A new understanding to inform and advance your practice.
Posted June 23, 2020 | Reviewed by Jessica Schrader
Mindfulness can generally be defined as any meditative practice that emphasizes an acceptance of experience in the present moment. The intention is to allow any and all thoughts, feelings, and bodily sensations to exist without judgment or attachment. It is about learning to be present with inner experiences—all inner experiences, both pleasant and unpleasant—and to learn to sit with discomfort or fear and recognize that it is transient and does not last.
It is a practice of learning to observe and intentionally respond to the inner workings of the mind/body rather than reacting automatically and defensively. For trauma survivors, this can be an opportunity to orient to their experience of the present moment in ways that can create a sense of security or safety; that the events from the past or fears for the future are not happening now, and that there are ways to manage emotional and physical flooding. This process can facilitate increased self-awareness and empowerment, recognizing the connection between thoughts and feelings, and discovering the ways that the mind has been conditioned by overwhelming experiences to generate repeated additional distress.
In these ways, mindfulness can be used as a powerful counterbalance to many of the common after-effects of trauma, including avoidance of inner experiences, anxiety, reliving, numbing, and feeling easily triggered. Over time, these practices can even change or “heal” the brain, decreasing the size of the amygdala, and increasing the ability of the frontal lobes to do their job. While there is strong scientific evidence to support the use of mindfulness for emotional and psychological healing, it is also important to recognize how these practices can lead to increased distress. For those with unresolved trauma, the practice of mindfulness can be approached carefully and thoughtfully to minimize the likelihood of negative outcomes.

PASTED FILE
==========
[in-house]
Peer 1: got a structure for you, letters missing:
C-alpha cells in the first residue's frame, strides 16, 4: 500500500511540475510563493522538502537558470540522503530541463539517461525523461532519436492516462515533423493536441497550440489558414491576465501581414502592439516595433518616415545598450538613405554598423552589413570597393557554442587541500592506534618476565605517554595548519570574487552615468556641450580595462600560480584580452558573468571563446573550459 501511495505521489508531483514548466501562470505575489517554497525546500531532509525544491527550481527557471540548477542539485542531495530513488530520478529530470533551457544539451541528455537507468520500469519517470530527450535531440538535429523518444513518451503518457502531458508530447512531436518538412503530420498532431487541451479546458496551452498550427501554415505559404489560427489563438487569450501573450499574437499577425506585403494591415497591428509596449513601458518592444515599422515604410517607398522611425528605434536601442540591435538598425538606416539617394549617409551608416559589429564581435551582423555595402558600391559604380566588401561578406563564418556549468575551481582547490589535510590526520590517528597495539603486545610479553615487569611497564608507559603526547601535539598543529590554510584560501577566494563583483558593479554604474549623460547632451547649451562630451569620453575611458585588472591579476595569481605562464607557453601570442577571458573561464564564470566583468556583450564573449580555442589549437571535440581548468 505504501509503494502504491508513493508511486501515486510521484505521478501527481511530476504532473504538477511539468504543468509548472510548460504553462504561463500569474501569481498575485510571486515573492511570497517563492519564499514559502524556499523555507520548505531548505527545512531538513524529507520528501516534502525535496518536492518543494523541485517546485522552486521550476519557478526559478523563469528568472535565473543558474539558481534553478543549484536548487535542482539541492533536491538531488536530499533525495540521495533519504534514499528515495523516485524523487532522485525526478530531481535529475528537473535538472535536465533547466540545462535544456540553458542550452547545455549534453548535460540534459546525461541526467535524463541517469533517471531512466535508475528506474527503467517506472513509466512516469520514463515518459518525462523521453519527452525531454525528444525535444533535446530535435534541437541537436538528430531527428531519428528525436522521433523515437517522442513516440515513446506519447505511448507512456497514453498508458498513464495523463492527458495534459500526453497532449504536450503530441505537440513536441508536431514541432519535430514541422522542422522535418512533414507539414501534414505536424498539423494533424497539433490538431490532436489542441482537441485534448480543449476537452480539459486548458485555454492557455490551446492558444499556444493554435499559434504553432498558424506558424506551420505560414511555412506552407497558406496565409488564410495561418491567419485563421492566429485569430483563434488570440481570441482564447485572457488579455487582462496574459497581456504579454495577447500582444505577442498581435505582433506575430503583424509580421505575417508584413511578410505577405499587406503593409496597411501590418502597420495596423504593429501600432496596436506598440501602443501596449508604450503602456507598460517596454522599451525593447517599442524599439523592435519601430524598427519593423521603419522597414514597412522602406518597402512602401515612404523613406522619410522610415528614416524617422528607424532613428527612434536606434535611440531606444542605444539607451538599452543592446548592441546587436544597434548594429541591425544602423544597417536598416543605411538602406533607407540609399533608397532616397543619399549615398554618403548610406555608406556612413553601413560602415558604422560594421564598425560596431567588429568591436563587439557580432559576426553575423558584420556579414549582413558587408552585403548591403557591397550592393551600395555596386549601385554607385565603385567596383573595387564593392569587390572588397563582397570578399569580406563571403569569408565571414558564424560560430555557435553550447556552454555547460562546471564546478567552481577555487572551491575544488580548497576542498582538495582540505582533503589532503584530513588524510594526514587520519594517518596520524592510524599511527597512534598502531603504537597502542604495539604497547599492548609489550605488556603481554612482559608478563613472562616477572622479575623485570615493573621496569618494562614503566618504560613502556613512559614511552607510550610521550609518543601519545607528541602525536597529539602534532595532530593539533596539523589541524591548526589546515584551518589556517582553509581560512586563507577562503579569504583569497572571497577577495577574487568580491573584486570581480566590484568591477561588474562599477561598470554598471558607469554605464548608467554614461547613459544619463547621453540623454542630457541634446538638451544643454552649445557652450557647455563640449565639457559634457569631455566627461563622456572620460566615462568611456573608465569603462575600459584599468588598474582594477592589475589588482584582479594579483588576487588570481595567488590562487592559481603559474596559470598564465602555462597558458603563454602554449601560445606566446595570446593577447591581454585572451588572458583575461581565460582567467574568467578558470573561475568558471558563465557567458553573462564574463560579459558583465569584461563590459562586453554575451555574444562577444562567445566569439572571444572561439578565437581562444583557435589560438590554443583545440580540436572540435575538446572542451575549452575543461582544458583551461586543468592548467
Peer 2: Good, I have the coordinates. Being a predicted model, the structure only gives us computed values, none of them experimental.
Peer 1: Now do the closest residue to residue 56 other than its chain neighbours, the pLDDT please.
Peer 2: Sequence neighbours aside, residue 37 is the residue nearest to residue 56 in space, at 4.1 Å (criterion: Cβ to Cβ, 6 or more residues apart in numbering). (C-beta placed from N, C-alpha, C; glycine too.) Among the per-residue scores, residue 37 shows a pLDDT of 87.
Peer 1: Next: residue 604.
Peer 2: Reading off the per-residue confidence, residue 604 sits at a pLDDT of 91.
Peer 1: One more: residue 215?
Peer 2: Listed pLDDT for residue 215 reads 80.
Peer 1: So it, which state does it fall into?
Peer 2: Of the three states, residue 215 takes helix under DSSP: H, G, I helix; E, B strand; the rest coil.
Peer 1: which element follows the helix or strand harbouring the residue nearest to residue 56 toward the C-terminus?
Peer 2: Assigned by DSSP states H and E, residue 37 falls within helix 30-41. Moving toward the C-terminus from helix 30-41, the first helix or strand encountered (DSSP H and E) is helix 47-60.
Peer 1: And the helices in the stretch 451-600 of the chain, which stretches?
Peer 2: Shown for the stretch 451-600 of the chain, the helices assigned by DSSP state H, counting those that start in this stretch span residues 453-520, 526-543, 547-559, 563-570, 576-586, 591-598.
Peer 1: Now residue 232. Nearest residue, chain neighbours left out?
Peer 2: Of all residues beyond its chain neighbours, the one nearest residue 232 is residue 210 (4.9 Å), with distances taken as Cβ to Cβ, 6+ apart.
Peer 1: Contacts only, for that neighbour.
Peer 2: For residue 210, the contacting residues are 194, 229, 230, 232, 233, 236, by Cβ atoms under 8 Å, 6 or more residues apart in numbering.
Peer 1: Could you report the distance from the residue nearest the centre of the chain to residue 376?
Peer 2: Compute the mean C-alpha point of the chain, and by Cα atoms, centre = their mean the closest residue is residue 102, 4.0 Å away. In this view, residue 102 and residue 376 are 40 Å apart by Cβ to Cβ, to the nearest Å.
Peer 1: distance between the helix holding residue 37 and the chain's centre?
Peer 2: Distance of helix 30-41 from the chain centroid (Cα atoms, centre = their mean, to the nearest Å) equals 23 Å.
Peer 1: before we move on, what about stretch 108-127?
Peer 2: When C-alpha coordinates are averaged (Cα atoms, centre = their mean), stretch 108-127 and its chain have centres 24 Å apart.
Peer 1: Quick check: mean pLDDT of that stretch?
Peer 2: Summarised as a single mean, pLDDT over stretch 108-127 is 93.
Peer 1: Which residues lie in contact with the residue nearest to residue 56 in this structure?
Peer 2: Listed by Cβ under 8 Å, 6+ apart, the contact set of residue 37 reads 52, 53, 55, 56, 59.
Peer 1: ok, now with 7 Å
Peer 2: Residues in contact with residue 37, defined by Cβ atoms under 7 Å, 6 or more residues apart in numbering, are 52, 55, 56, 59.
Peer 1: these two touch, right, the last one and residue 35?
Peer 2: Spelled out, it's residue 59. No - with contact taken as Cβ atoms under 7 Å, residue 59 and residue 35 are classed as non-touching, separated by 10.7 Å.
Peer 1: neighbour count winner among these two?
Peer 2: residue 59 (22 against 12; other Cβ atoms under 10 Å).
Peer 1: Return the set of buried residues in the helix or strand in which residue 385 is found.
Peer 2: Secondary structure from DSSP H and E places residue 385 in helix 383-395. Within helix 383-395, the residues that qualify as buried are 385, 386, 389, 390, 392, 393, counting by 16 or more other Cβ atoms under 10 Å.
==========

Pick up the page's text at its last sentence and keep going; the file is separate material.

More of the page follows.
Mindfulness as a Trigger
For some, intentionally engaging in the experience of “being present” with thoughts, feelings, and bodily sensations can lead to a resurfacing of unresolved, or even undiscovered, issues and feelings. By itself this is not necessarily a bad thing, but for someone that is unprepared, does not have an appropriate level of support, and/or experiences the resurfacing as overwhelming, this experience can trigger feelings of panic, spontaneous abreaction, or flashbacks…in essence, re-traumatizing the survivor to a lesser or greater extent. At times, being mindful can leave a survivor feeling like they are trapped or helpless again.
This obviously presents a serious dilemma. Mindfulness is potentially a useful and important skill for trauma survivors, but how do we know when to use these skills without creating unnecessary distress? The short answer is that there is no definitive test. There is no foolproof way to know if practicing Mindfulness will be “too much” for a particular person at a particular time. The survivor is the expert of their own experience. However, if we take a trauma-informed approach, there are a few guidelines and modifications that can help make these practices more approachable.
It is generally better to begin with shorter, well-structured meditations, with permission to interrupt the process at any point. If things begin to feel overwhelming during a mindfulness practice, it is OK to take a break. In fact, it is recommended. In these situations, intentionally step out of the practice, perhaps engage in some grounding exercises or other support until you are ready to return. This is similar to the idea of “working at your edge.” This practice can help increase self-awareness, the ability to trust feelings, and encourage self-care and self-compassion. The video below provides some additional considerations to guide your trauma-informed approach to mindfulness.
Modifications and Support
If someone becomes overwhelmed with emotions, sensations, or images during a mindfulness practice, consider some of the following modifications and grounding skills:
- Open the eyes and look around the room
- If lying down, sit up. If sitting, consider standing
- Use calming self-talk to orient to the here and now
- Move in place (stretch arms, adjust seated position, press palms together, etc.)
- Get up and quietly walk around the room
- Leave the room and return when grounded.
While seemingly simple, these modifications and supports are powerful in the ways they change the practice of mindfulness for survivors of trauma. In our center, we have found that most people would never consider these modifications on their own because they want to “follow the rules.” There is a particular culture associated with meditation that leaves many people feeling that they must simply sit with pain and discomfort. This is only beneficial to a point, becoming counter-productive and potentially damaging for the individual. In fact, many trauma survivors give up their meditation practice shortly after beginning due to the level of psychological discomfort experienced. With a trauma-informed lens and a few relatively straightforward modifications, these practices can be much more accessible and effective.